Over the last few months, these sometimes conflicting passions have led me to educate myself on an industry that touches our lives and wallets virtually every moment of every day: energy consumption.
In an increasing number of arenas, business and residential consumers are asking themselves: “How can I ensure what I consume is locally and sustainably produced?” Witness the resurgence in our local food markets.
Asking a parallel question about my energy consumption sent me headlong into unchartered territory -- how many of us as consumers even wonder where the electric current that powers our lives and the myriad of devices on which we rely comes from? Is it generated from oil? coal? wind? nuclear reactors? natural gas? Where is it generated? And, what is its impact on our environment? Conversely, how many of us simply take for granted that the lights will go on and the devices will recharge?
However, in many states these energy markets are actively being restructured to increase competition and consumer choice. I found the Compete Coalition’s website very helpful in understanding these important efforts.
So, here in the DC metro area we live in a region where active deregulation is at work. How and where is competition increasing? And, as businesses and consumers, where are we able to exercise choice?
Competition and choice can be driven by low price especially given today’s economic environment. There are an increasing number of energy buying groups that are forming to “pool” together market demand and leverage that pooled demand to lower prices. In western Maryland, our local chamber of commerce has formed exactly such a pool through a partnership with Premier Power Solutions.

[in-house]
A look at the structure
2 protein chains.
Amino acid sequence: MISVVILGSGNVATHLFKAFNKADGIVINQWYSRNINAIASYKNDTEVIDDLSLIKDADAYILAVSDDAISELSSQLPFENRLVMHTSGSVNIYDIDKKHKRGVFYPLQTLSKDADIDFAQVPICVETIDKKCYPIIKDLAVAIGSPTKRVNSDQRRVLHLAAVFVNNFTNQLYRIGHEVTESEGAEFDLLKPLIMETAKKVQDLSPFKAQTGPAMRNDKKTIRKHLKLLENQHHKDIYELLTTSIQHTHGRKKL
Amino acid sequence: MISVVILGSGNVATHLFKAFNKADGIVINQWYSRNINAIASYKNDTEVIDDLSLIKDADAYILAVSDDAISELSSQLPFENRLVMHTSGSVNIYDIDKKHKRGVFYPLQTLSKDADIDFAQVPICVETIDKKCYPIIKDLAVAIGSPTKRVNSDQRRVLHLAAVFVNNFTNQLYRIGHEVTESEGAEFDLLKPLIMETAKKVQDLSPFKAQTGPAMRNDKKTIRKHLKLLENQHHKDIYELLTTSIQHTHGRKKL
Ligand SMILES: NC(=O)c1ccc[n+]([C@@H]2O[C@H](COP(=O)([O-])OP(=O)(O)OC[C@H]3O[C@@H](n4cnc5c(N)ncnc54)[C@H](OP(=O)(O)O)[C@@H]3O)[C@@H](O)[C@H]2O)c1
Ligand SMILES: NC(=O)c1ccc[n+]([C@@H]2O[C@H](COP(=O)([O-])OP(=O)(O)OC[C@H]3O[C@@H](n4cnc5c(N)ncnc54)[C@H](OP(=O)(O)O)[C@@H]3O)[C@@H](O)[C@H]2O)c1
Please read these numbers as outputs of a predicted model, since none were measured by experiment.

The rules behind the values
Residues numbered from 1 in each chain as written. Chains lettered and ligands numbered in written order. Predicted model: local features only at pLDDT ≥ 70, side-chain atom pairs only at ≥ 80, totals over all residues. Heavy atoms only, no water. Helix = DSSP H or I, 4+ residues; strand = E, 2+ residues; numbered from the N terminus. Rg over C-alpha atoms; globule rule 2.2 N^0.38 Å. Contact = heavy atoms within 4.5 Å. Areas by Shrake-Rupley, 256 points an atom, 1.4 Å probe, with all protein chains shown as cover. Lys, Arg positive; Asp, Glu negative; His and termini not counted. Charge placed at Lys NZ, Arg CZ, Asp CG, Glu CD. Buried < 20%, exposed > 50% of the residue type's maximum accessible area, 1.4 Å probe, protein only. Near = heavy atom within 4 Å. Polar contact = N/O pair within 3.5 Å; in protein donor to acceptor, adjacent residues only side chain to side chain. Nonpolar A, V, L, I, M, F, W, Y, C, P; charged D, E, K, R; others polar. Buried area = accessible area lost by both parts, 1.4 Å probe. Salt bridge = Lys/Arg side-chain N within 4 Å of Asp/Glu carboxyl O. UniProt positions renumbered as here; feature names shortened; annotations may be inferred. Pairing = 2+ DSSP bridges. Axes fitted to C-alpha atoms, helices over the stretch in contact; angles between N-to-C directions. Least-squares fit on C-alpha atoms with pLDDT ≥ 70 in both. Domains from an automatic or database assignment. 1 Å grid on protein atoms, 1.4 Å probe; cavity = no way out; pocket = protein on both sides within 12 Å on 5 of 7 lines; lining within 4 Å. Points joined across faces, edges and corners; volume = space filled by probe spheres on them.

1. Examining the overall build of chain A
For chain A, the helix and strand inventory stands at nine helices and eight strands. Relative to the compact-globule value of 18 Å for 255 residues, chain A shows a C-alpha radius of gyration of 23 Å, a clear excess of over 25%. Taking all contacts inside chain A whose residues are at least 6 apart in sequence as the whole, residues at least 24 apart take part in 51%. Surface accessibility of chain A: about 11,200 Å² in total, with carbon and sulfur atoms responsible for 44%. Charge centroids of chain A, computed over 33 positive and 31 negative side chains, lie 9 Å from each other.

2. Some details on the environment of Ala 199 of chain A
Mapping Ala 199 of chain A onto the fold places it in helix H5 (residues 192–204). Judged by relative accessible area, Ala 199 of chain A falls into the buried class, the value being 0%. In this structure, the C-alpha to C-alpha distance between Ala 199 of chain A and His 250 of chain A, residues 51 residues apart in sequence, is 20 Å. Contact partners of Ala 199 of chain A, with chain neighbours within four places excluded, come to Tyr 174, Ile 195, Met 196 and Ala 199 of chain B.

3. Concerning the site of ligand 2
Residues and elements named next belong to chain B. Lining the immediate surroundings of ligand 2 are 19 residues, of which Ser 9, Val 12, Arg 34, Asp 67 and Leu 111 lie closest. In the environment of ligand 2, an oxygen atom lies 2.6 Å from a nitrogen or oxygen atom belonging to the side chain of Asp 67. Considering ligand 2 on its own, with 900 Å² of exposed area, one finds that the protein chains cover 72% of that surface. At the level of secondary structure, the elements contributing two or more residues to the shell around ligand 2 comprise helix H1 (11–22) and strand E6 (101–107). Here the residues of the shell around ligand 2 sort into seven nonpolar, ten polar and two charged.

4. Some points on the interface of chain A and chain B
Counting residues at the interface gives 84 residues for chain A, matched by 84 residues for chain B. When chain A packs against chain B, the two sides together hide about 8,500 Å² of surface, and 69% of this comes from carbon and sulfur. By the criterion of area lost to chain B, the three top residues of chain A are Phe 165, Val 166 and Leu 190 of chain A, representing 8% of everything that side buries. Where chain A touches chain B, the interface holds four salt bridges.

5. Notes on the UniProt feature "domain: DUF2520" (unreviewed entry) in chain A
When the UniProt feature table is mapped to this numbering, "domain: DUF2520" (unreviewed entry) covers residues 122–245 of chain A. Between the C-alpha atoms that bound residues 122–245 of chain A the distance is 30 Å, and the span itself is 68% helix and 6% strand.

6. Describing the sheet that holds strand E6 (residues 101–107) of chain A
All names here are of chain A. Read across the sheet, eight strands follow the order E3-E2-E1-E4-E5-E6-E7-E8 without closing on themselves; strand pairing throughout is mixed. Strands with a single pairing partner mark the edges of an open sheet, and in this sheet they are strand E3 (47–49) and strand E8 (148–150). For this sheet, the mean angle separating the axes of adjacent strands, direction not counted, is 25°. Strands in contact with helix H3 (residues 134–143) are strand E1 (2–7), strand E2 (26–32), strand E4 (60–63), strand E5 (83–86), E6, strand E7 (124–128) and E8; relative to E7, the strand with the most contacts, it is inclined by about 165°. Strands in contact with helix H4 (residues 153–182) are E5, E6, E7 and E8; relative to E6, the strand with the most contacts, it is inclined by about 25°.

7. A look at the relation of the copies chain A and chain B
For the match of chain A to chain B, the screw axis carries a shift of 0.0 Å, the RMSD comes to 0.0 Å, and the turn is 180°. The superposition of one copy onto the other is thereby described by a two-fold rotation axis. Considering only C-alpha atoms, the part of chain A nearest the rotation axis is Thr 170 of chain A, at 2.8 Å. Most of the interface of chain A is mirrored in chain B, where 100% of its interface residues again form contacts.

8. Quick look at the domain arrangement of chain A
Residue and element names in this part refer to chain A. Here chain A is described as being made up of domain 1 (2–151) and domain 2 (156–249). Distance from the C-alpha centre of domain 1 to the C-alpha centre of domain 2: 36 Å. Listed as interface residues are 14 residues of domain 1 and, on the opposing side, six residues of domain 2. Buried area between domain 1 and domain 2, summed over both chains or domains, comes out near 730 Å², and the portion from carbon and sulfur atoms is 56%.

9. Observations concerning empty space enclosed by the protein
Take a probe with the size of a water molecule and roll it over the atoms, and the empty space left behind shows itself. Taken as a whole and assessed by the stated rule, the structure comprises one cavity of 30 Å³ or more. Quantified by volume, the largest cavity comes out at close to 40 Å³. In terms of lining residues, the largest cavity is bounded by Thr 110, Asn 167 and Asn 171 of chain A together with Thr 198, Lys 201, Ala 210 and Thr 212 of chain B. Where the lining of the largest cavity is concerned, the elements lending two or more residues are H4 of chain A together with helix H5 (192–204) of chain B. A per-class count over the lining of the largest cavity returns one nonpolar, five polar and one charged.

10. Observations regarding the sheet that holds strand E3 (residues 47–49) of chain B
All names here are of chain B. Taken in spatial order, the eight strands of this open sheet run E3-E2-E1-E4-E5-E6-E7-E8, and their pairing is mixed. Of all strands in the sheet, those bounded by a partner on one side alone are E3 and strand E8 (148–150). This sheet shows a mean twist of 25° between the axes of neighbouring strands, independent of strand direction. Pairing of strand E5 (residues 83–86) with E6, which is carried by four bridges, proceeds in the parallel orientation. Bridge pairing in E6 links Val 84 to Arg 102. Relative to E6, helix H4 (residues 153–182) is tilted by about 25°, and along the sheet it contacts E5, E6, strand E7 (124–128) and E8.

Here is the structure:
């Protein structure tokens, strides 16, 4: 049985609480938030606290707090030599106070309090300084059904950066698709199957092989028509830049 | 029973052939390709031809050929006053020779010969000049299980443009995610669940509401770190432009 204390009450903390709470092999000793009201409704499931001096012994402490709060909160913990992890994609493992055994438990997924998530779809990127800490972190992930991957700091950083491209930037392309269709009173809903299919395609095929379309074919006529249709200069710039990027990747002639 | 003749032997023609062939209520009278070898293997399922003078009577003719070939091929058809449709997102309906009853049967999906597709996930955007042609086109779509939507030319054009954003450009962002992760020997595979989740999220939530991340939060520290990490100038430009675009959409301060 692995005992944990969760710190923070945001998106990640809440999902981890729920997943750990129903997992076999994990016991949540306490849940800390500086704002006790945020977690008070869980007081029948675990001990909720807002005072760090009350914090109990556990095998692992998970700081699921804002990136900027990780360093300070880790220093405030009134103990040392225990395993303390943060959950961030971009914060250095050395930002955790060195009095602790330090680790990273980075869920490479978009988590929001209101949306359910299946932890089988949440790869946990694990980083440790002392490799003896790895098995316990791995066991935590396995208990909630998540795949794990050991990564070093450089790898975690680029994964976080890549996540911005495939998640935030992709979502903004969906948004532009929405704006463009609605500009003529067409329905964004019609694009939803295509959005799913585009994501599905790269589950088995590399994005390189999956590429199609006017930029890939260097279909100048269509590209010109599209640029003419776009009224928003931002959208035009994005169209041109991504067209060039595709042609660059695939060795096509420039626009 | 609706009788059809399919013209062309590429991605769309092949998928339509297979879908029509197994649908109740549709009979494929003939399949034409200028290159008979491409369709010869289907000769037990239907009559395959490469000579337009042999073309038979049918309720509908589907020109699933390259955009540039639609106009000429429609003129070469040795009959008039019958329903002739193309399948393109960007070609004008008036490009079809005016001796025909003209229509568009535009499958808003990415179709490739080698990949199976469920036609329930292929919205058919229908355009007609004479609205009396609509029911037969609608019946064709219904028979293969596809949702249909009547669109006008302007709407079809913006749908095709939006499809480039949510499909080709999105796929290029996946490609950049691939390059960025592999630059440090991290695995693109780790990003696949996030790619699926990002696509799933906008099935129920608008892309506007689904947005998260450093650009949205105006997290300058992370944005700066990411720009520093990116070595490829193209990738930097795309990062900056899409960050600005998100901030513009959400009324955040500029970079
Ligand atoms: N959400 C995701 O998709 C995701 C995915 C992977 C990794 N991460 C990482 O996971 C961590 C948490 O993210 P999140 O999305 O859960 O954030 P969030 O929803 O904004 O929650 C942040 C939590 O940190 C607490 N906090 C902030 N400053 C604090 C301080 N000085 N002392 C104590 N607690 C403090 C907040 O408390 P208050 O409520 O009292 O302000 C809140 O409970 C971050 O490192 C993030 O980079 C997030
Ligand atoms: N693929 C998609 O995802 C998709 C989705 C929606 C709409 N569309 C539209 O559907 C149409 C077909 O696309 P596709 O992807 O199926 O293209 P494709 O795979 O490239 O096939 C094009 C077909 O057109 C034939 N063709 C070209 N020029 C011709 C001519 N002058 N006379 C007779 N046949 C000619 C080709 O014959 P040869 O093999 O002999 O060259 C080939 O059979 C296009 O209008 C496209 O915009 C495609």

Competition and choice can also be driven by other factors related to energy quality and environmental impact. There are some exciting examples of this competitive dynamic. First, energy consumers are starting to “pool” themselves in order to demand choice. WTOP recently ran a piece that highlighted “more than 100 religious, community, labor and low-income housing groups in the Washington area (that) say they are joining forces to buy clean power and save money.” Check out Groundswell for more information.
And, there is an increasing number of new entrant “energy retailers” that are marketing cleaner energy choices to DC metro area businesses and consumers. Check out Clean Currents and Washington Gas Energy Service’s Clean Steps.
There are an increasing number of apps – both mobile and internet-based – that allow energy consumers to monitor and manage their usage. These apps are based on new Smart Grid technologies. And, according to DC-based OPower’s website: “they reinvent the way utilities interact with customers—from the quality of the information provided to the way it's presented and delivered. It helps people use energy more efficiently and ultimately save money on their energy bills. And it vastly improves the overall customer experience by making energy use personally relevant.”
Check out Green Button Connect and Nest for home energy consumption monitoring. And, for you globalists, check out the cool stuff our pioneering German friends are doing at GreenPocket.
And for you trendsetters with electric vehicles, check out Plugshare to locate charging stations and Springwise for apps monitoring electric vehicle consumption.
Seth Godin’s Blog recently asked “will our energy consumption stay private?” Will the choices about energy consumption made by brands and businesses be public? Could they drive preference for brands that are making sustainable energy choices?
My sense is a resounding “yes.” Whether driven by our need to reduce our dependence on non-renewable, globally contentious oil resources – foreign oil especially – or, our need to reduce our carbon footprint and begin earnestly the fight against global climate change – my sense is brands will be looking to differentiate themselves actively based on their energy consumption choices. And consumers will be looking for brands that reflect their own energy consumption values and priorities.